Tweety (aka Tweety Pie
or Tweety Bird) is a fictional character in the Warner
Bros. Looney Tunes and Merrie Melodies series of animated
cartoons. Fairly popular during the late 1940s, 1950s,
and 1960s, Tweety's popularity, like that of The
, actually grew in the years following
the dissolution of the Looney Tunes cartoons. Today,
Tweety is considered, along with Taz and Bugs
, among the most popular of the Looney Tunes
characters, especially (because of his "cute"
appearance and personality) among girls and young
women. Despite widespread speculation to the contrary,
Tweety is and has always been a male character.
Bob Clampett created the character that would become
Tweety in the 1942 short A Tale of Two Kitties, pitting
him against two hungry cats named Babbott and Catstello
(based on the famous comedians Abbott and Costello).
Tweety was originally naked (pink), jowly, and far
more aggressive and saucy, as opposed to the later,
more well-known version of him as a less hot-tempered
(but still somewhat ornery) yellow canary. In the
movie Bugs Bunny, Superstar, animator Clampett stated,
in a sotto voce "aside" to the audience,
that Tweety had been based "on my own naked baby
picture". Clampett did three more shorts with
the "naked genius", as a Jimmy Durante-ish
cat once called him in Gruesome Twosome. The last
of these, Birdy and the Beast, finally bestowed the
baby bird with his name.
Many of Mel Blanc's characters are notable for speech
impediments. Tweety's comes from having a beak, with
no lips or teeth. Thus he has trouble saying certain
words, especially ones with "dental" sounds.
For example, "pussy cat" comes out as "putty
tat" or "puddy tat", and "sweetie
pie" comes out as "tweetie pie", although
it is doubtful he ever actually called himself by
that name on-screen. Aside from this speech challenge,
Tweety's voice (and a fair amount of his attitude)
is similar to that of Bugs Bunny.
Tweety & Sylvester
Clampett began work on a short that would pit Tweety
against a then-unnamed black and white cat lisping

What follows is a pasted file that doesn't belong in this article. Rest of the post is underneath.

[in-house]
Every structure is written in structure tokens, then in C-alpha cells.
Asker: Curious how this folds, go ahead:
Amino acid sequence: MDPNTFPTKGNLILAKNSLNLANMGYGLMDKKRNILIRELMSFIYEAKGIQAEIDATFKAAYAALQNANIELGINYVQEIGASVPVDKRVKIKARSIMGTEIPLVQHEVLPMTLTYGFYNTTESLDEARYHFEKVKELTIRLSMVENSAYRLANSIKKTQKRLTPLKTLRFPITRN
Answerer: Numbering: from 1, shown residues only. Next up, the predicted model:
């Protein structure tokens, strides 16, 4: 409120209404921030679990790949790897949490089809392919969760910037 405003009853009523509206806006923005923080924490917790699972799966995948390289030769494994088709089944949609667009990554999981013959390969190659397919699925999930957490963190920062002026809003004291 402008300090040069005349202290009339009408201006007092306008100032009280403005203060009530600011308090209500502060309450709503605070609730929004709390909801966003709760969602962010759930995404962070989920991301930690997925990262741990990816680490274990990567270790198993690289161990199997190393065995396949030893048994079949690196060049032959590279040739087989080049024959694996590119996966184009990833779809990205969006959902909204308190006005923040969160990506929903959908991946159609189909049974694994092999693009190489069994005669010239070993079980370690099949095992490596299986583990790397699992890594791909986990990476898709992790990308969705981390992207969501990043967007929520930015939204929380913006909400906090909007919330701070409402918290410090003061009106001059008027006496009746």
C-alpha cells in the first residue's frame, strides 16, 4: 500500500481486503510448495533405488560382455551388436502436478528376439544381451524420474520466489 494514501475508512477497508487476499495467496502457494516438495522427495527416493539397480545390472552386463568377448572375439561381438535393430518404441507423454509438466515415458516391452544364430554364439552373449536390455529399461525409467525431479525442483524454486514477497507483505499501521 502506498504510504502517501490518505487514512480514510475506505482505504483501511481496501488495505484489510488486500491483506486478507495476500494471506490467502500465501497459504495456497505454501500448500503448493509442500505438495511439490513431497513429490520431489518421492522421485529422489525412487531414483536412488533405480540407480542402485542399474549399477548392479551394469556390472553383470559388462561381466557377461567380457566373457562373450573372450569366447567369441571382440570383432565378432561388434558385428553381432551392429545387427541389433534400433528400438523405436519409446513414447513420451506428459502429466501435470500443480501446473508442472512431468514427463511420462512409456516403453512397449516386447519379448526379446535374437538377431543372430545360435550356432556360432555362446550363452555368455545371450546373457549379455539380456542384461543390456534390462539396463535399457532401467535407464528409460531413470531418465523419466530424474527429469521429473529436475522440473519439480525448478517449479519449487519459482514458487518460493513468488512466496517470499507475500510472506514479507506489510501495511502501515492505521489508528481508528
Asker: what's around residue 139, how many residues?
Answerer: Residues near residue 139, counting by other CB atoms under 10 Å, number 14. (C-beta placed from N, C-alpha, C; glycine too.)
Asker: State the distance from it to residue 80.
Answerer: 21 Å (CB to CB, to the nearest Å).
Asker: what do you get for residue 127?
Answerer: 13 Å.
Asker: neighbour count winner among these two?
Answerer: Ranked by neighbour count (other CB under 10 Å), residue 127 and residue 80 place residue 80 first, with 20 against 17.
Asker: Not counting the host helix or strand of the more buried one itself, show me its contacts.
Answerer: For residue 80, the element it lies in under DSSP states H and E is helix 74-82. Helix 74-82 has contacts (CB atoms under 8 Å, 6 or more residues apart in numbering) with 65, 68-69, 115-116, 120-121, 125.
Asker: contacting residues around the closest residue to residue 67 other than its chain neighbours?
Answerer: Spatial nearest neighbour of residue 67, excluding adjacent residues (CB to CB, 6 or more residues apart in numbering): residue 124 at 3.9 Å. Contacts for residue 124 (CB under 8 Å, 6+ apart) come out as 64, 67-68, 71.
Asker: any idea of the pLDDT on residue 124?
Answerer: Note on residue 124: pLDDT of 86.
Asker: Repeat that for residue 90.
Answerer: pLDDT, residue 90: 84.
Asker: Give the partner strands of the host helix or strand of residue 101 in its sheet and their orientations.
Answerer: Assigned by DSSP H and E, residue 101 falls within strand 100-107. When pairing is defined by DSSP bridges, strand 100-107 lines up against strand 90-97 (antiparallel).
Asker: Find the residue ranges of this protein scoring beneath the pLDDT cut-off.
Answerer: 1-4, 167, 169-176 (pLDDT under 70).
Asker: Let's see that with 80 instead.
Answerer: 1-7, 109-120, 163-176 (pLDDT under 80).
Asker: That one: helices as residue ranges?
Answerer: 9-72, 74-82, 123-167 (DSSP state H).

created by Friz Freleng in 1945. However, Clampett
left the studio before going into full production
on the short, and Freleng took on the project. Freleng
toned Tweety down and cutsied him up, giving him large
blue eyes and yellow feathers. The first short to
team Tweety and the cat, later named Sylvester
was 1947's Tweety Pie, which won Warner Bros. its
first Academy Award for Best Short Subject (Cartoons).
The pairing of Sylvester and Tweety was one of the
most notable pairings in animation history Most of
their cartoons followed a standard formula:
* The hungry "puddy tat" wanting to eat
the bird, some major obstacle stands in his way –
usually Granny or her bulldog Hector (or, more often
than not, numerous bulldogs).
* Tweety says his signature lines ("I tawt I
taw a puddy tat!" and "I did, I did taw
a puddy tat!").
* Sylvester spending the entire film using progressively
more elaborate schemes or devices to capture his meal.
Of course, each of his tricks fail, either due to
their flaws or, more often than not, because Tweety
steers the enemy cat towards Hector the Bulldog, an
indignant Granny (voiced by Bea Benaderet and later
June Foray), or other device (such as off the ledge
of a tall building or steering him into an oncoming
During the 1990s, Tweety also starred in an
animated TV series called The Sylvester and Tweety
Mysteries, in which Granny ran a detective agency
with the assistance of Tweety, Sylvester and Hector.
In 2003, a younger version of him premiered on Baby
Tweety appeared in an early 1990s public service announcement,
warning parents of the dangers of boiling temperature
In the TV series Tiny Toon Adventures, Tweety appeared
in several episodes as the mentor of Sweetie Pie.
Learn more about Tweety
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